Even if they were asking for a new set of locks, your answer is still on point: they can charge a reasonable fee but they can't deny you. But perhaps that is just where fails ;-)

about a month and a half ago
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The Next Keurig Will Make Your Coffee With a Dash of "DRM"

Jumperalex And just like Sony ... (769 comments)

they deserve to fail miserably and go down in flames.

about a month and a half ago
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Ask Slashdot: What Review Sites Do You Consult For IT Equipment?

Jumperalex Re:AnandTech.com, TomsHardware.com - Beware! (129 comments)

Obviously anecdotes mean nothing, but I'm always puzzled by comments like this. I've got a several year old Vertex 2 that started as my win7 OS drive and is now doing duty as a Plex Media Server app drive. I also have a Vertex 3 as my win7 OS drive. Finally I have another Vertex 2 in my laptop, though I admit right now it gets very little use. Both have been operating with no trouble to include a number of trouble free firmware updates.

Yes OCZ does seem to have a higher rate of failure than most other SSD's (that alone would be enough had I known it back in the day) but it isn't like they are failing in droves. They are still at least as reliable as an HDD. And for the price they fit a niche. I'm not running a server farm so I don't need that level of reliability. That is why I have backups.

As to them going bankrupt ... well that is more a case of mismanagement than products that suck. Though I suppose their push capture the market via ultra-low prices couldn't be sustained long enough to work and so now they are suffering the consequences. So yeah, poor management decisions [shrug].

about 5 months ago
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A War Over Solar Power Is Raging Within the GOP

Jumperalex Re:Fucking rednecks (1030 comments)

You might want to look a little more into your assertion that oil came into its own without a ton of federal help. And in case you want to specifically focus on the real no kidding "birth" of the petroleum revolution that is fine. But make no mistake oil has and still does get a TON of federal help. I think a lot of people would be fine cutting alternative energy subsidies if only the petroleum ones were cut as well.

The problem as I understand it though is that the US petroleum industry "needs" all that help in order to compete with the rest of the world. I can't say for sure if that assessment of "need" is really valid, but non-US petroleum production and refining does get some non-trivial level of government support and so it would harm the US if they did not do the same in order to compete.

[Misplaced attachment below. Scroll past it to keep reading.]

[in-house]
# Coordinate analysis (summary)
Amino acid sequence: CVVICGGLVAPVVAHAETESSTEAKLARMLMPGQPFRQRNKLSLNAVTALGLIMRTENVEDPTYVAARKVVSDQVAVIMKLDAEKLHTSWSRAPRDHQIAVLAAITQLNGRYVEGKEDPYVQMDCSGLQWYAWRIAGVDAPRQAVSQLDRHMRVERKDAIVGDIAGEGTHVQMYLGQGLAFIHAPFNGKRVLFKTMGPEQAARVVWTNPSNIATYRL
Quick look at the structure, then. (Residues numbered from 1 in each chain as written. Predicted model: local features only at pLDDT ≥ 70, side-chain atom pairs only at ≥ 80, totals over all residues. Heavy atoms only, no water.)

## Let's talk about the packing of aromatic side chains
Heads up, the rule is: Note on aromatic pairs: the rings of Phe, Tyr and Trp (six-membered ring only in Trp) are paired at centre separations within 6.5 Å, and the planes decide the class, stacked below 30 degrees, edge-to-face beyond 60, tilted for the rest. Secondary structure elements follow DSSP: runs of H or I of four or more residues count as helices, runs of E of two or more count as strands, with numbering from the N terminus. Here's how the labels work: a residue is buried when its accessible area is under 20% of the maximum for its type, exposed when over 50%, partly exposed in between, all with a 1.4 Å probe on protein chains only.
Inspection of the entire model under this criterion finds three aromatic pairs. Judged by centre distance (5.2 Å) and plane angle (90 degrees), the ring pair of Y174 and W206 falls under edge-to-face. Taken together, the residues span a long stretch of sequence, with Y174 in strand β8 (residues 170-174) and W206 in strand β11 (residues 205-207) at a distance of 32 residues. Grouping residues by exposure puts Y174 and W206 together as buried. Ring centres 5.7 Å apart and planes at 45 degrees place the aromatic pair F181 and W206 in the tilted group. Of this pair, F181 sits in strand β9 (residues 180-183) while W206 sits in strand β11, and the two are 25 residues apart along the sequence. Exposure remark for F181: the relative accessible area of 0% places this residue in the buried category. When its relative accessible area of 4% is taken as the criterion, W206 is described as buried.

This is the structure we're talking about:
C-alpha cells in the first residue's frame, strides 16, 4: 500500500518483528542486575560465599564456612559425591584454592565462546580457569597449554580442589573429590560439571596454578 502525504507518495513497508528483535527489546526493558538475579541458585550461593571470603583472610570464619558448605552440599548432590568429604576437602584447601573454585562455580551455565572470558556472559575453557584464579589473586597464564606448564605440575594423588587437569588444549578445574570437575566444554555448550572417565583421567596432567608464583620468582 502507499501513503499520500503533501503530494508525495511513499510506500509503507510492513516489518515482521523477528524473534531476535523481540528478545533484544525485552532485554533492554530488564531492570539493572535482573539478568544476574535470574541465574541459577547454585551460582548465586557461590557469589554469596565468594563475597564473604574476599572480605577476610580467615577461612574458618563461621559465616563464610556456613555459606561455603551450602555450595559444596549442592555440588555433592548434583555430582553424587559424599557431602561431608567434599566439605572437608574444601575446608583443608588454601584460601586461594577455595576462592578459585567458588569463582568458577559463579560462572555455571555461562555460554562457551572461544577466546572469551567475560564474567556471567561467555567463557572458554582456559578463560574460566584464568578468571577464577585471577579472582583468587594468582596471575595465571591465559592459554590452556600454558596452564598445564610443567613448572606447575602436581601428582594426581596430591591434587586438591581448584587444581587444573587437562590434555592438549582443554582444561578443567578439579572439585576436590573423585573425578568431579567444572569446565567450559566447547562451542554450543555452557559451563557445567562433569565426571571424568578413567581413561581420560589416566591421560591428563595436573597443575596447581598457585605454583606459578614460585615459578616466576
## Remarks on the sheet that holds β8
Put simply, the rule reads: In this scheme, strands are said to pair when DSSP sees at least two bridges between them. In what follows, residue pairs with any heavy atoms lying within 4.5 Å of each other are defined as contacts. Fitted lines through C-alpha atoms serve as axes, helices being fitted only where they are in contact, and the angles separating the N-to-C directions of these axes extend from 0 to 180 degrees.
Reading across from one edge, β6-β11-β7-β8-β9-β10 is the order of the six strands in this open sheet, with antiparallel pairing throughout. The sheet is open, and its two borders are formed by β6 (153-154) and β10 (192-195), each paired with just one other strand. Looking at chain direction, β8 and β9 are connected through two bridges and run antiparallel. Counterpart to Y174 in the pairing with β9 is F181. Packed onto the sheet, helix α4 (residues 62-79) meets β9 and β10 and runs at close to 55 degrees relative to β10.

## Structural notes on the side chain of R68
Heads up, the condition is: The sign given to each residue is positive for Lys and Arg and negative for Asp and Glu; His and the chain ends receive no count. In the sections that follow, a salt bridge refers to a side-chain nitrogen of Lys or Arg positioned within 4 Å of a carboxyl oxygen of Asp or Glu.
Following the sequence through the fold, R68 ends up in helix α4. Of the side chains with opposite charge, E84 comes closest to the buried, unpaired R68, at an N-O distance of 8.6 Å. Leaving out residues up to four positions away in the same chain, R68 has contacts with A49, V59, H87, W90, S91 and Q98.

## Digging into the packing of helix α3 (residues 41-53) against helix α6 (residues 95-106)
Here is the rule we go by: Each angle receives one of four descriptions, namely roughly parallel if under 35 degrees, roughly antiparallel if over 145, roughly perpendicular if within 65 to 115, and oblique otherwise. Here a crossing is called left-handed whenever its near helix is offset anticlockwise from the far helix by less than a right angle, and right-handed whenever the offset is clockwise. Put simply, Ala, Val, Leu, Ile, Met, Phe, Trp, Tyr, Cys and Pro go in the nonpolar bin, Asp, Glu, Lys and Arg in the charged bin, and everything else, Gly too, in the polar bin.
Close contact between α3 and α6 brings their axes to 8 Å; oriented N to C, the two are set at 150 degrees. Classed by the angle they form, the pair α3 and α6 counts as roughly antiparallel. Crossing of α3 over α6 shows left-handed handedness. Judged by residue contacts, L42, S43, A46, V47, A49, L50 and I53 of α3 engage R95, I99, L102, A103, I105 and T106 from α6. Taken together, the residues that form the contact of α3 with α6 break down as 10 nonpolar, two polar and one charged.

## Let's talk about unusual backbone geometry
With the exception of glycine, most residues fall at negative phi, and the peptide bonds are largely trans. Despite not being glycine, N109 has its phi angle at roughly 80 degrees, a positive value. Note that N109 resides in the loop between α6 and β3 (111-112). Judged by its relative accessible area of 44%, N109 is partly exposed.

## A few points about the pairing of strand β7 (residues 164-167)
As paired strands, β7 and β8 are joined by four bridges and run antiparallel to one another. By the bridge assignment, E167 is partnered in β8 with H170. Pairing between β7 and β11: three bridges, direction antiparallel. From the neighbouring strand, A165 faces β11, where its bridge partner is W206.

So given that, you have to ask the question, "how can a nascent industry like solar/wind/storage/any other renewable" have a chance to compete in a market where the entrenched incumbent has the advantage of both a lock on the market and government support?" Easy answer, it cannot.

As to picking winners and losers, that only applies where the government is specifically choosing a technology/company to the exclusion of others. I'm pretty sure that has only happened in one case; Ethanol and specifically corn-based Ethanol. Barring that, or in case we have been a little too specific, then the easy solution is you fund basic research,the kind that is high risk-long lead and not suitable for most commercial ventures, and you create pots of money that can be applied for (loans, grants, whatever) by anyone looking to demonstrate commercial-sized production.

Everything below here is more a response to other posts above yours, so if my comments don't apply to you, please don't take offense :)

Everyone likes to point to Solyndra and say, "SEE!!! That is what is wrong with renewable energy and picking winners and losers!!!" No, that is just what happens when you decide to spend money to find the right solution out of many. Some fail, some succeed, and some fail only to be picked up by smarter/better/better-timed people to finally succeed. And while Solyndra itself might also be an example of bad politics (I think the final post-mortem showed it actually wasn't), it is also proof that politics should be kept out of that sort of thing. The government should not feel the need to find a poster child for what amounts to good general policy of a country investing in its energy future.

about 5 months ago
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How 3 Young Coders Built a Better Portal To HealthCare.gov

Jumperalex Re:Government Involvement (499 comments)

Right. And because they cannot deny coverage, AND reality means many people cannot pay for that emergency service, it means we should be REALISTIC about how we manage a sustainable system. That means not allowing people to be de facto covered via the most expensive health care possible, emergency services, without demanding that they contribute, upfront and for cheaper services than emergency care. Or how about preventing unwanted pregnancies via inexpensive contraception so that society doesn't have to bare the burden of an expensive person.

As to the large banking institutions ... That is because large banking institutions are not the same as healthcare. If you don't know that already I can't explain it to you. But I'll give you a hint: when was the last time you had to have an emergency banking procedure? And when you did, how much time did you have and many banks did you research before obtaining service for your life-or-death emergency banking procedure?